About 30 percent of Americans are caregivers, serving the ongoing needs of a loved one. Coordinating transportation, scheduling doctor appointments, managing medications, cooking meals, bathing — caregiving is a demanding undertaking for one person. According to recent caregiver statistics, the average caregiver spends about 20 hours per week tending to their loved one’s needs.
Being a caregiver is a significant time commitment, so it’s crucial to take stock of personal mental, emotional, and physical health.
What Caregiver Burnout looks like
Few caregivers recognize when enough is enough, but many sense an imbalance between one’s personal time and the many responsibilities of caring for a loved one.
The symptoms of Caregiver Fatigue Syndrome, otherwise known as Caregiver Burnout, are similar to burnout in other professions. You may not realize you’re pushing yourself too hard, or that you’ve worked for too long and need a break.
Before you know it, stress can build into burnout. Learn the warning signals before stress and exhaustion affect the quality of care you normally deliver as a caregiver. You may notice:
- Feelings of hopelessness or discouragement
- Loss of interest in personal hobbies or goals
- Withdrawal from friends and family
- Changes in diet, appetite or weight
- Unpredictable sleep patterns
- Increased stress, sadness, or irritability
Accept your feelings. Frustration happens, and addressing it head-on is the best way to begin resolving it. The better you take care of yourself, the better you’ll be at your job.
Resolve the stress with these tactics
You’ll be amazed at the momentum you’ll gain when you actively take steps to reduce your stress. Making that decision is half the battle.
Consider the following to improve your mental, physical, and emotional well being:
Strength in numbers. From online forums to support groups, caregivers find strength and accountability. Don’t be afraid to connect with others in the community to revitalize, review and recharge. Remember that you’re not alone.
Take breaks. Your loved one will understand. You deserve to stop and slow down every now and then. Decide together when you both can take it easy for a while. Even 30 minutes of rest can go a long way.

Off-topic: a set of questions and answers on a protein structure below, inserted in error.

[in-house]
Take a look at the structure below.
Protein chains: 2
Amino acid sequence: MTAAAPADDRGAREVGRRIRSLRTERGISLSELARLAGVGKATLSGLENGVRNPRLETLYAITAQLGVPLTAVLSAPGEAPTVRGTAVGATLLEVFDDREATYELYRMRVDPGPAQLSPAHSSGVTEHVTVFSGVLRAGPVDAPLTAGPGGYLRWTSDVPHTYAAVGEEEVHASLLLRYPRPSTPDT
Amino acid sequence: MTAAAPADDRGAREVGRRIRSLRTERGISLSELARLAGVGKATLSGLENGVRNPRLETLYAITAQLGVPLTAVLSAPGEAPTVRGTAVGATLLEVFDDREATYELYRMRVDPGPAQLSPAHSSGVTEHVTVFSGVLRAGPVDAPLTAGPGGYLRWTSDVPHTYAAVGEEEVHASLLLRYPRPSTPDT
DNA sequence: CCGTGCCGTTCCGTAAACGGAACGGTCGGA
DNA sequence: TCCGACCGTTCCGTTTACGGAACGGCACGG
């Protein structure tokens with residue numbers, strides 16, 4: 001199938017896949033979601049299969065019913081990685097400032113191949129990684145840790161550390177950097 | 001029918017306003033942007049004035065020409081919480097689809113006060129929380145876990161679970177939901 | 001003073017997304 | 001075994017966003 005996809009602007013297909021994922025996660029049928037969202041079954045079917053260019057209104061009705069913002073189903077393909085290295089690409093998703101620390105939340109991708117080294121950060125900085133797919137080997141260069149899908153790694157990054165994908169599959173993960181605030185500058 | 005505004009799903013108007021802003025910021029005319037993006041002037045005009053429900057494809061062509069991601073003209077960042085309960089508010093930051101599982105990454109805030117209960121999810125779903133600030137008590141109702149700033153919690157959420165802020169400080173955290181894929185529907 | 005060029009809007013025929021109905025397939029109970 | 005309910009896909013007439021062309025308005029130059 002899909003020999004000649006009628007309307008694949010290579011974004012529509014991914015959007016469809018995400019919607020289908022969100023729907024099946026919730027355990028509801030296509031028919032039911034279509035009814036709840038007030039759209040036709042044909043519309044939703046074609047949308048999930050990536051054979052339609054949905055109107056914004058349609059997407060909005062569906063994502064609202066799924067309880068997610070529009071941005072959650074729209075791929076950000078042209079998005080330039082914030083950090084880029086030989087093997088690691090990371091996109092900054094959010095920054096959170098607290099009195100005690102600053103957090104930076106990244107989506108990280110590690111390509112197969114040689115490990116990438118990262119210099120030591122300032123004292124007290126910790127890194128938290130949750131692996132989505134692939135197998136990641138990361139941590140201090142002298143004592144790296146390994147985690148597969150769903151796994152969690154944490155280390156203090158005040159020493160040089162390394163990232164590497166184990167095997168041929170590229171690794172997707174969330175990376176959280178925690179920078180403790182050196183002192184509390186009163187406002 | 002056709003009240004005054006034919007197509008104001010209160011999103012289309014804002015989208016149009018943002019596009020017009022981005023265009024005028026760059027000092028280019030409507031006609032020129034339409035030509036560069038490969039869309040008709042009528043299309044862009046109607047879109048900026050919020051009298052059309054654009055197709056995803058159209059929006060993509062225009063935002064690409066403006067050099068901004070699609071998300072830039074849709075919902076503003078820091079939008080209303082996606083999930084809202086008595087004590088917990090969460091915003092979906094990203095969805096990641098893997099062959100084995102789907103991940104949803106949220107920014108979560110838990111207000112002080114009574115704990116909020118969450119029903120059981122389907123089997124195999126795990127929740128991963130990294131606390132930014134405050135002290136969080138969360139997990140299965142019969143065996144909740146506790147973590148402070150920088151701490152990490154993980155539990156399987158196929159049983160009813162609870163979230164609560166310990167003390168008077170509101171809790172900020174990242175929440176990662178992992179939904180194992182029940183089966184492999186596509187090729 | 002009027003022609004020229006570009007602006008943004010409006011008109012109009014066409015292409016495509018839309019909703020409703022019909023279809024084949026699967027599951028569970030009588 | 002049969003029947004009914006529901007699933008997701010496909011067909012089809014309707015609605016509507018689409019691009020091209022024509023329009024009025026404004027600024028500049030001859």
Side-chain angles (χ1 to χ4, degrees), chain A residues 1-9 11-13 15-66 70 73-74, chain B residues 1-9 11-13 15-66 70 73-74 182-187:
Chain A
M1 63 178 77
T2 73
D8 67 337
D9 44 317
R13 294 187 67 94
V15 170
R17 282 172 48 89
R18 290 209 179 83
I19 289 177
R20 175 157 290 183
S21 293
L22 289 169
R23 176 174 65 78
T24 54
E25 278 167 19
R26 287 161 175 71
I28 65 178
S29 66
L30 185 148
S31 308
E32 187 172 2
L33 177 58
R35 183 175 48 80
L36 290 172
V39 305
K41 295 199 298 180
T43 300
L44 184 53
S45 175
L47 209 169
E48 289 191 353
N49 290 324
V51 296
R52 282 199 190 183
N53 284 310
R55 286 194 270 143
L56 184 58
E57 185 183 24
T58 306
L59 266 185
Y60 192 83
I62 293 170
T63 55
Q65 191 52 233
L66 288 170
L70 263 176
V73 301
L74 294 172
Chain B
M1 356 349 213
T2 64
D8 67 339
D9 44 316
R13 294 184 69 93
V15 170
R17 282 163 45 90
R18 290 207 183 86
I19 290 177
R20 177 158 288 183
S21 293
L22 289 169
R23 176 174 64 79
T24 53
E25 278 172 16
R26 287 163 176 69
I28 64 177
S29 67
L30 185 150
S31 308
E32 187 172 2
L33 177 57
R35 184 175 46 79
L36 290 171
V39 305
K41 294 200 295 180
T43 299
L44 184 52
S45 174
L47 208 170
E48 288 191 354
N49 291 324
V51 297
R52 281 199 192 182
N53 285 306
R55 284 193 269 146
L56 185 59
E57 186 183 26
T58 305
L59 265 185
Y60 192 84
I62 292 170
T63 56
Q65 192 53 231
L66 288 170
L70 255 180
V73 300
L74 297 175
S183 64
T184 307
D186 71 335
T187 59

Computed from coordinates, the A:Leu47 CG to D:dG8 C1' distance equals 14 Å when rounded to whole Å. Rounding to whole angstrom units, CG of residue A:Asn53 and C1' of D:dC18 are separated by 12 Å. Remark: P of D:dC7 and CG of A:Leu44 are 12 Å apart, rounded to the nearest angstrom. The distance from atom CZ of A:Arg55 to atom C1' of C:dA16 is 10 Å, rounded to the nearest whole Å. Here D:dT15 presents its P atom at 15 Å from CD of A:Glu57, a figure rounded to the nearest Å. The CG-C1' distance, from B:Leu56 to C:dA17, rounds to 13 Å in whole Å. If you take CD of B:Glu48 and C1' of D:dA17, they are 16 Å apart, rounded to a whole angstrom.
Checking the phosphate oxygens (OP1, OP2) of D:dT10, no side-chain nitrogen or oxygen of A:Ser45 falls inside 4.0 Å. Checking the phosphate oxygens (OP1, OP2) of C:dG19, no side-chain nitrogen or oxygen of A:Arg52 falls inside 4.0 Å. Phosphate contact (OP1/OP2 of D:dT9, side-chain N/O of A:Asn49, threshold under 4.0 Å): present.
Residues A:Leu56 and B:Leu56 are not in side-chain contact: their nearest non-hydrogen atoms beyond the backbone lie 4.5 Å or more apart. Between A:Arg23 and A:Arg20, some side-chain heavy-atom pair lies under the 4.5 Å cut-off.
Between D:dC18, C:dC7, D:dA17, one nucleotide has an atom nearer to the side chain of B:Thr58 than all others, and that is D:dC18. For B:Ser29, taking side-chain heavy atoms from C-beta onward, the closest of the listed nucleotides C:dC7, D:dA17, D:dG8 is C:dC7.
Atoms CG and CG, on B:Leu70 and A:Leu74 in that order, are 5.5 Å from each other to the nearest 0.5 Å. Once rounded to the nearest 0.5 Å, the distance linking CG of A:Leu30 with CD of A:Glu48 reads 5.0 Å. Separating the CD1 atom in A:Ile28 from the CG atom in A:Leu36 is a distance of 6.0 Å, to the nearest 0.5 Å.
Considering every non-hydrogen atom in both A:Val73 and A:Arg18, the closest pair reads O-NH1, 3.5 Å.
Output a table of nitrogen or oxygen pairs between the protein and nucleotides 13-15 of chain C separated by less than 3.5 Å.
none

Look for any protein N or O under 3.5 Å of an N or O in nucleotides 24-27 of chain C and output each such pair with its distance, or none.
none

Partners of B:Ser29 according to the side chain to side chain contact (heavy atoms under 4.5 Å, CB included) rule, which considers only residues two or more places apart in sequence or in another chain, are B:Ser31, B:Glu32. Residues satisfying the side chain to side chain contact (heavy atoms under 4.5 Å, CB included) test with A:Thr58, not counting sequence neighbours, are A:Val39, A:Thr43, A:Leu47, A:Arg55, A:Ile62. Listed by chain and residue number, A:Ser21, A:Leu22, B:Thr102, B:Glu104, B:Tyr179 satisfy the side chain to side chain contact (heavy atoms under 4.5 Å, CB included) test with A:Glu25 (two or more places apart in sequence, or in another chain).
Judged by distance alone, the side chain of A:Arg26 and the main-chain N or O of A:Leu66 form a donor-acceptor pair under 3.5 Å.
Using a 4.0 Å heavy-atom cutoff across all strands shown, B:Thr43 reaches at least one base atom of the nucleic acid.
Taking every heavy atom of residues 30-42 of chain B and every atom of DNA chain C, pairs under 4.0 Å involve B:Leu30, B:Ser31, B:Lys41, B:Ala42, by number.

Sweat it out. Exercise is an excellent way to relieve stress. Whether you incorporate your loved one for a brief outing like a push around the block, or revisit an athletic activity you enjoy, you’re sure to feel renewed.
Plan ahead. It can be easy to get overwhelmed if you’re not careful. Be realistic. Set reasonable goals with your loved one that are achievable everyday. Create an itinerary with built-in time for breaks.
Tackle with technology. If you’re not using apps to keep organized, it’s time to start. You’ll find it’s much less taxing to use shared calendar apps, or task management tools. Explore other innovative solutions, too. Consider technology that alleviates the physical strain of caregiving: Instead of pushing and pulling a wheelchair in and out of the family car, try a mobility conversion with a helpful ramp.
Let it out. If you feel negative energy building up, reach out for help and express yourself. Whether you confide in friends or family, write in a personal journal or vent through an artistic pursuit, the more you cleanse your heart and mind, the better you’ll feel day in and out.
Set aside alone time. You needn’t feel guilty establishing windows of solitude. Start with 10 minutes a day and work up to 30 minutes as you explore the benefits of time for yourself. Grab lunch, read a book, meditate, and catch up with yourself. Healthy times of solitude let you return to your caregiving responsibilities feeling rejuvenated and centered.
Stay positive. Make a conscious decision to see things on the bright side. You and your loved one will have good days and bad days, but every day has small victories for you to focus on. Make the best of every challenge. Your perspective is contagious, so keep it uplifting!
Rest and relief. Establish healthy sleep patterns. When you don’t get enough rest, stress skyrockets. Give your mind and body ample time to charge up each night so you can approach the day with more energy.
Eat well. If you catch yourself settling for fast food, it’s time to slow down and eat more deliberately. Start with making a good breakfast in the morning to give you the energy you need to take on the day. Work your way into planning ahead for healthier lunches and dinners.
Learn your limits. It’s important to check in on your own mental health. On your breaks, make sure you’re getting everything you need. Think about the remaining tasks of the day, and what steps you can take to make them a little easier.
You and your loved can work together to avoid Caregiver Burnout. You serve them because you care. So while you might not get a pat on the back or a break in the storm, caregiving is much more rewarding when you take the time to take care of yourself, too.